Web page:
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  1. #1
    suprunp's Avatar
    suprunp is offline Senior Member
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    Default neat and trim in white *duck*

    The Japanese, with their obsequious smile, are neat and trim in white duck, while their women walk a step or two behind them, in native dress, with a baby on their backs.
    (W.S. Maugham; Honolulu)

    duck
    1. a heavy, plain-weave cotton fabric for tents, clothing, bags, etc., in any of various weights and widths.
    (Random House Webster's Unabridged Dictionary)
    2. ducks plural : light clothes made of duck ; especially : trousers made of such material
    (Webster's Third New International Dictionary of the English Language)

    Why didn't W.S. Maugham use 'ducks' in the original sentence?

    Thanks.

  2. #2
    bhaisahab's Avatar
    bhaisahab is offline Moderator
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    Default Re: neat and trim in white *duck*

    Quote Originally Posted by suprunp View Post
    The Japanese, with their obsequious smile, are neat and trim in white duck, while their women walk a step or two behind them, in native dress, with a baby on their backs.
    (W.S. Maugham; Honolulu)

    duck
    1. a heavy, plain-weave cotton fabric for tents, clothing, bags, etc., in any of various weights and widths.
    (Random House Webster's Unabridged Dictionary)
    2. ducks plural : light clothes made of duck ; especially : trousers made of such material
    (Webster's Third New International Dictionary of the English Language)

    Why didn't W.S. Maugham use 'ducks' in the original sentence?

    Thanks.
    How can we possibly know why W.S. Maugham chose to use "duck" instead of "ducks"?

  3. #3
    suprunp's Avatar
    suprunp is offline Senior Member
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    Default Re: neat and trim in white *duck*

    Quote Originally Posted by bhaisahab View Post
    How can we possibly know why W.S. Maugham chose to use "duck" instead of "ducks"?
    Maybe you use 'duck' in the same manner W.S. Maugham supposedly used it there, or at least you saw it used that way?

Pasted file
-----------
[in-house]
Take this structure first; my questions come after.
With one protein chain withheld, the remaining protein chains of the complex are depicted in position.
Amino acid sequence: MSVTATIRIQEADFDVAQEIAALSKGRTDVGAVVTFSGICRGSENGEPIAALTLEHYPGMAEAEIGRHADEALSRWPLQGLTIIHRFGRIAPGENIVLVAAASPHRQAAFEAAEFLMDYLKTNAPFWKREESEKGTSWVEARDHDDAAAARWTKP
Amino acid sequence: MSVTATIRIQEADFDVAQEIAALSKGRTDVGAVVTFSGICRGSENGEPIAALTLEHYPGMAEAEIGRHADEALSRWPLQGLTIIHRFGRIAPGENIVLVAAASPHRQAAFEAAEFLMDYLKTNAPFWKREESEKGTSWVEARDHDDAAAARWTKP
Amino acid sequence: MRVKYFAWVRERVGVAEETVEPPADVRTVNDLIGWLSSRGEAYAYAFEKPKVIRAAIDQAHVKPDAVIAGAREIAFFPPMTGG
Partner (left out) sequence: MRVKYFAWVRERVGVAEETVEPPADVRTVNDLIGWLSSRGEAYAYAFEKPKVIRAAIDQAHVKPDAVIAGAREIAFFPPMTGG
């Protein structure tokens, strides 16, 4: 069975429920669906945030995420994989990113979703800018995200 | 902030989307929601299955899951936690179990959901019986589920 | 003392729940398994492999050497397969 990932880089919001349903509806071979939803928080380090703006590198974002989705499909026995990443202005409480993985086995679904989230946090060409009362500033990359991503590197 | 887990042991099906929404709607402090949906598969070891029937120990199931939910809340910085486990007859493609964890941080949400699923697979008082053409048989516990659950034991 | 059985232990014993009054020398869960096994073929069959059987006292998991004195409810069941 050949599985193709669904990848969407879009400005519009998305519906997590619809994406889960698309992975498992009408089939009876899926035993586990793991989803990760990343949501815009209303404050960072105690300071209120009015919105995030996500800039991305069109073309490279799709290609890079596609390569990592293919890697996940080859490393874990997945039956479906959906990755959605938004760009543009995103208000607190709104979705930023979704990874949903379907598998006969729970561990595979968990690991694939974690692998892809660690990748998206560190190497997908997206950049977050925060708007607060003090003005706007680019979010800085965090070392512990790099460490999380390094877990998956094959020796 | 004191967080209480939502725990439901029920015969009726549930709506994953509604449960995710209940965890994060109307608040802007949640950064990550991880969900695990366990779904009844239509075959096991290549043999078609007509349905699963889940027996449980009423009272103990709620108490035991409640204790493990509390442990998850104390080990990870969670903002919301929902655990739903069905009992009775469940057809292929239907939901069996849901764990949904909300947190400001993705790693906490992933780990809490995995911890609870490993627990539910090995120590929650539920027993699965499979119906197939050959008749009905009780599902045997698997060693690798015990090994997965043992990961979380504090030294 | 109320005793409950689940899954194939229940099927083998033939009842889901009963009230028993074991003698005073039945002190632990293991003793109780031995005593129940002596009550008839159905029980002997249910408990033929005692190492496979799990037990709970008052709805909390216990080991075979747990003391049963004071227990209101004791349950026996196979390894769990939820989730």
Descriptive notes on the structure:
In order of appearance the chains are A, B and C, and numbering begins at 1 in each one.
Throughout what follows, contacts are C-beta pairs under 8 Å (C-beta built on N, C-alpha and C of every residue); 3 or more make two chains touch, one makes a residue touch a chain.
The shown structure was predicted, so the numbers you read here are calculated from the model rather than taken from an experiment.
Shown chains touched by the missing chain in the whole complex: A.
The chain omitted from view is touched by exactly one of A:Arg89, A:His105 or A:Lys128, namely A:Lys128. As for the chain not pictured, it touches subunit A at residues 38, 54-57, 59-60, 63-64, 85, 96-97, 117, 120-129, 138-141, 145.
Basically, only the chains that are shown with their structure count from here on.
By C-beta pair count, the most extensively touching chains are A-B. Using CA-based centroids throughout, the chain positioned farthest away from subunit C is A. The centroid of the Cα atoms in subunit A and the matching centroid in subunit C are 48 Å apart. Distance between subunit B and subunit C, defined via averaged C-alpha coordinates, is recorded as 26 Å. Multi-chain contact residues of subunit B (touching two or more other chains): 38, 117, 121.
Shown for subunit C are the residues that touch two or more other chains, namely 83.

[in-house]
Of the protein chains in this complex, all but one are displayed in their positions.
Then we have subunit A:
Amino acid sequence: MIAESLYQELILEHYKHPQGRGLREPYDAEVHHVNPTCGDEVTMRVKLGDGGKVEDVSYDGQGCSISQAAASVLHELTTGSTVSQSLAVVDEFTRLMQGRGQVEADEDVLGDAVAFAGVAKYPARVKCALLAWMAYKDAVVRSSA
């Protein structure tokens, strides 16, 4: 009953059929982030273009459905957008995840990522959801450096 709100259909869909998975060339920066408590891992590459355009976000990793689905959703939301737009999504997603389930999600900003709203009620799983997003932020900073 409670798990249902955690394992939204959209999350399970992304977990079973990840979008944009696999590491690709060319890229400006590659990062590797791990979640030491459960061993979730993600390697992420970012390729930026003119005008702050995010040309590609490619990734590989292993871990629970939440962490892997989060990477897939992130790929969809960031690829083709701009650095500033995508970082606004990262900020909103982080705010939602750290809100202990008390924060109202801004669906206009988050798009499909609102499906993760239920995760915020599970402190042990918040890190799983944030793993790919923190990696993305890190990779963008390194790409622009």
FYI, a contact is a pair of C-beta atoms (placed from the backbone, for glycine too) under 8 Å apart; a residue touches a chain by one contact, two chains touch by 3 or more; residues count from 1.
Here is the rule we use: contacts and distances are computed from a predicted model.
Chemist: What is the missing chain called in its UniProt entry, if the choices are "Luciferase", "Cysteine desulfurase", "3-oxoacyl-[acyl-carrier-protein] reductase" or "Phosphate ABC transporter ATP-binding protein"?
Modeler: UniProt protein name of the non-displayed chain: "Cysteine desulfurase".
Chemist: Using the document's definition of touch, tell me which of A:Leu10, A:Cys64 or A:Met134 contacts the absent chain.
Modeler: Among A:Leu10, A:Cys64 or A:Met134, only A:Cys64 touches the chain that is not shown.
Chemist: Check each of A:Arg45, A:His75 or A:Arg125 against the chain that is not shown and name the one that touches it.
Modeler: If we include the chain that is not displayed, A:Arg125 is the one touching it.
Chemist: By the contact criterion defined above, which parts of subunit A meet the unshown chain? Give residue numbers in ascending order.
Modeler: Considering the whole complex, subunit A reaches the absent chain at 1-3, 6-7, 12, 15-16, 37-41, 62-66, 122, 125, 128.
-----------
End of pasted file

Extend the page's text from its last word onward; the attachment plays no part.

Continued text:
Thanks.

  4. #4
    BobK's Avatar
    BobK is offline Harmless drudge
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    Default Re: neat and trim in white *duck*

    Its common with fabric names to apply or omit an s with no great effect on the sense - except that the plural can be used to refer to a range of fabrics or clothes: 'After her marriage she was always wearing silks and satins'.

    b

  5. #5
    5jj's Avatar
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    Default Re: neat and trim in white *duck*

    I think I have mentioned this before, suprunp (if not, I intended to): very few, if any, writers produce what would be universally accepted as 'perfect English', because perfect English does not exist. Writers on grammar in the past (Cobbett, Fowler and Vallins spring to mind) have delighted in discovering examples of supposedly 'bad English' in the works of 'good' writers.

    Even if writers had a style guide beside them as they wrote, and checked every single word and construction before they wrote them down, they would not satisfy the writer of a different style guide.

  6. #6
    suprunp's Avatar
    suprunp is offline Senior Member
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    Default Re: neat and trim in white *duck*

    Quote Originally Posted by 5jj View Post
    I think I have mentioned this before, suprunp (if not, I intended to): very few, if any, writers produce what would be universally accepted as 'perfect English', because perfect English does not exist. Writers on grammar in the past (Cobbett, Fowler and Vallins spring to mind) have delighted in discovering examples of supposedly 'bad English' in the works of 'good' writers.
    Yes, I pretty well realise this, 5jj. My goal is not to nitpick on writers' grammar or choosing of the words, but rather understand whether this or that particular construction or word is used, since one can't always rely on dictionaries as a sole source of every facet of the English language, or whether it is a mere one-off slip of the tongue or even a typographical error.

  7. #7
    SoothingDave is offline VIP Member
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    Default Re: neat and trim in white *duck*

    I've never heard of "duck" as a type of clothing, so can offer you no advice about how to use it properly.

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